Quiet Car

I got out of work early and caught the 5:35pm train … grabbed a seat in the ‘quiet car’.  

  A Young 30-something year old gal walks her carry on down aisle and asks an older gentleman seated a few rows ahead by the window if the empty seat besides him is taken.  

The elder clears his throat and with the unexpected turn of his imminent good fortune, engages in an elaborate, cordial and slightly high pitched accommodation to her query. . . .
  
During their exchange of pleasantries, a man seated behind me, with thick wire glasses, barks: ‘ QUIET CAR !!”  as he intently stares at his laptop.
Before any muffled apology could come from the embarrassed young girl, I have turned around, half stood and loudly lipped to him :  “SHHHH!!”

. . . much to the chuckles, enjoyment and applause of those in the….QUIET CAR.   

 

 

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Siri

 

Just witnessed: 

Conductor walks by and somewhat cheerfully says: ‘found another cell phone on an empty seat – if it’s not soon claimed, well then it’s going all the way down Washington DC to forever lie in a bin full of other lost phones – ha.’

Guy sitting across from me (a professor I think) speaks up: “ask SIRI whose it is”

Conductor, perhaps not accustomed to being addressed, holds it up and smugly notes: ‘its locked…(dummy)’

Professor: “doesn’t matter, try: whose iPhone does this belong to?”

As if suddenly holding a live bird, the conductor nervously hands it over to the professor: ‘you do it’ ..and steps quickly back.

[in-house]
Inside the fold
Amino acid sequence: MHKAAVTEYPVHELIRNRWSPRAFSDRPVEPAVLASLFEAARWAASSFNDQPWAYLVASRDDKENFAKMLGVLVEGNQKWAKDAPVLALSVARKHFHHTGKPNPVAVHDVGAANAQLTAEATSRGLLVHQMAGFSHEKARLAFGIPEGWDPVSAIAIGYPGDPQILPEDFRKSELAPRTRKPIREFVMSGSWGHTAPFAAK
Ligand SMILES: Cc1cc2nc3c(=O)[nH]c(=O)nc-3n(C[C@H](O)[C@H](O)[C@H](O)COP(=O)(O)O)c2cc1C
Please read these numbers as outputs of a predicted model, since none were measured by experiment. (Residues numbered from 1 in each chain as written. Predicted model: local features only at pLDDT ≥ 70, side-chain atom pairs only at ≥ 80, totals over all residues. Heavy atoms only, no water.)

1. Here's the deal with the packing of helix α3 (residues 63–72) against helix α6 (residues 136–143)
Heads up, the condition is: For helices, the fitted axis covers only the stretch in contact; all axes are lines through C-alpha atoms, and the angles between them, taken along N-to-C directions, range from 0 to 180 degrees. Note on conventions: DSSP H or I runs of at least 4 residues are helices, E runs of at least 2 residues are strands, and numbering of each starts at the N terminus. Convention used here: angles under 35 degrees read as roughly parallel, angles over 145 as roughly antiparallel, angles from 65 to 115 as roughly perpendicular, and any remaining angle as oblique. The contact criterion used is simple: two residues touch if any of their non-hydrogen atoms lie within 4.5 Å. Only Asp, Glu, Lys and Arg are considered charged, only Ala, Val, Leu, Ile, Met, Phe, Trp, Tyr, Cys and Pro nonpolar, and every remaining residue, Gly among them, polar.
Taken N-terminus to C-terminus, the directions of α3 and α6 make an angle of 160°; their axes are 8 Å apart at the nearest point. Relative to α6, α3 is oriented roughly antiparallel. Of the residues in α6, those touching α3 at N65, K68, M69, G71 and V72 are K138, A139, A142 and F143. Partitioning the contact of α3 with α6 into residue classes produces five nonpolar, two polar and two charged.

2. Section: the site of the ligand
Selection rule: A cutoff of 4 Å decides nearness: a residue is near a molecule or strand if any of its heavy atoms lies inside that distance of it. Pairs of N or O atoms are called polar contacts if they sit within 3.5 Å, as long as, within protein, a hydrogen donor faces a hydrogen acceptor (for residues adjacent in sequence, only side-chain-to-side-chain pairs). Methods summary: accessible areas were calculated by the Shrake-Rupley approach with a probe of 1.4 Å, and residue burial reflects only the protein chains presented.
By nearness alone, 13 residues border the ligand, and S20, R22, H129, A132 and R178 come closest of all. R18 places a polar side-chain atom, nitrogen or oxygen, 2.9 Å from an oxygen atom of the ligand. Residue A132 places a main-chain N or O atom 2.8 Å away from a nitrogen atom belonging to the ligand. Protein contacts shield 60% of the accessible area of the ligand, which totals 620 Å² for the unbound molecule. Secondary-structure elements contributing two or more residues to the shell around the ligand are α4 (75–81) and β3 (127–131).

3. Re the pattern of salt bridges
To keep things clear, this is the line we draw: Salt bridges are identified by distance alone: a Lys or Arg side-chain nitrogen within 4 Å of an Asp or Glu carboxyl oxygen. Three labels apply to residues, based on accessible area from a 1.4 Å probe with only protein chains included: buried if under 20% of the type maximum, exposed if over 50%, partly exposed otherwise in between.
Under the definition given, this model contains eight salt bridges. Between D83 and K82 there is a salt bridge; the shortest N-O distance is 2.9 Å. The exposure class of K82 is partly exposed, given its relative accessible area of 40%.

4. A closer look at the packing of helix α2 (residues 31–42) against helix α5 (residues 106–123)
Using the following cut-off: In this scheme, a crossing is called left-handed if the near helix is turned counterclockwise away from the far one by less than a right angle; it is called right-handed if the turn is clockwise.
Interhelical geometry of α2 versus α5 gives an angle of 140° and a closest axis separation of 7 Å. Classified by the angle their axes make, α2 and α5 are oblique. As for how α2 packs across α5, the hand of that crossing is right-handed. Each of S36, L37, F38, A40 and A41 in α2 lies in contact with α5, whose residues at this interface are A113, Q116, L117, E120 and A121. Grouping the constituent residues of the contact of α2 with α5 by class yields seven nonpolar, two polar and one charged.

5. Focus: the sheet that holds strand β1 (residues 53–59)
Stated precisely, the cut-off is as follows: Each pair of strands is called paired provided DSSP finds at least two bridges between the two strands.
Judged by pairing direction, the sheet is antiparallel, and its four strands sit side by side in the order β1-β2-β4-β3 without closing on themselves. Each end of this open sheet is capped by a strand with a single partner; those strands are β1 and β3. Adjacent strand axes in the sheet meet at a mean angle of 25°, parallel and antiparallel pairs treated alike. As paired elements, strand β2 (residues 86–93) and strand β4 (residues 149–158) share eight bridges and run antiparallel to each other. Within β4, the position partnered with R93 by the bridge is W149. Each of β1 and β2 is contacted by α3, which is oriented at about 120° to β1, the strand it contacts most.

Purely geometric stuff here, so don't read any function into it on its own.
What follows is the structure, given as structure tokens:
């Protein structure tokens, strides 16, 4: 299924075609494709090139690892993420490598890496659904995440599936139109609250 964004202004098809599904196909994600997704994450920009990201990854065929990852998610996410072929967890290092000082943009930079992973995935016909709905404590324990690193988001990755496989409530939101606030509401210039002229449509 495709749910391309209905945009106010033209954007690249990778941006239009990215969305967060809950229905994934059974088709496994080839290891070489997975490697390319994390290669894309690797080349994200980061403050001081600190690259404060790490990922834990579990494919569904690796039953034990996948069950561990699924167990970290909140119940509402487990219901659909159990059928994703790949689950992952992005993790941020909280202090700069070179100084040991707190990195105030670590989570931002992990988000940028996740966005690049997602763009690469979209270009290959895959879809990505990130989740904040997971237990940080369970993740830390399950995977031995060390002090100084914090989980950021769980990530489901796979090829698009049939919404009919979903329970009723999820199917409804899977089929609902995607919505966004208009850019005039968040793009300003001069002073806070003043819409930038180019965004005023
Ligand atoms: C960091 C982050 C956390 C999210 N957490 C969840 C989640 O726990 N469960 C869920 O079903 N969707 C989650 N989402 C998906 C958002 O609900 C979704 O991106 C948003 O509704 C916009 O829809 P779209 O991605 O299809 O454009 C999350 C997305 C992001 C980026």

Sure enough, SIRI: ‘Michael Kansan’

Another conductor appears out of nowhere and checks his list to confirm
(the level of drama has risen noticeably in the recent seconds)
and exclaims, that Mr. Kansan is getting off at the next stop and is right now standing by the door, two cars back.
  
With the urgency and a nod of: ’I knew that’, the 1st conductor moves past him with good deed in hand. 
 

The professor just rolls his eyes and returns to his reading.  

 

 

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Baggage

Just got on the train, folks jockeying for seats in measured and purposeful ways.  Up ahead, a midwestern couple (grandparents I imagine), have completely clogged the aisle with two enormous black carry on bags (she in front & he stuck behind) .

With a nervous glance at the sudden building line of anxious faces behind him, he takes hold of the first trunk in an attempt to heave it high above his head to the racks. 

‘No Ned, no – please your back – the trip …oh please!
    
Impulse urges me to intervene, to push ahead of a the quietly waiting family in front of me and assist but this is a man of great pride, as he never hesitates to look around for help.   He is once again young on a train, with his bride before him.
A characteristic and determination that is instantly admirable.

I hold back.
  
Like a fake prop on stage, he impresses us all by deftly delivering the rear bag topside.   All are now patient as he looks to the next.
  
‘No! please, for Heavens sakes Ned, no you cannot (she pleads) – let me help’

I nudge past the children.
   
Ned quickly bear hugs the second trunk which appears to be bolted to the floor.   I move the three remaining feet to assist.   Seconds later, he somehow already has it to his waist and together we place it on top.
  
He is embarrassed. His eyes have shifted downward to the right in the waiting stillness.    It is then that I hear my voice, and it does not surprise me:

“Well. . . it’s certainly clear whose bag is whose.”

The woman appears slightly offended as I pass by and says:  ‘and what exactly does . . .that mean?’

“I too, am married myself ma’am”.
  

 

 

 

 

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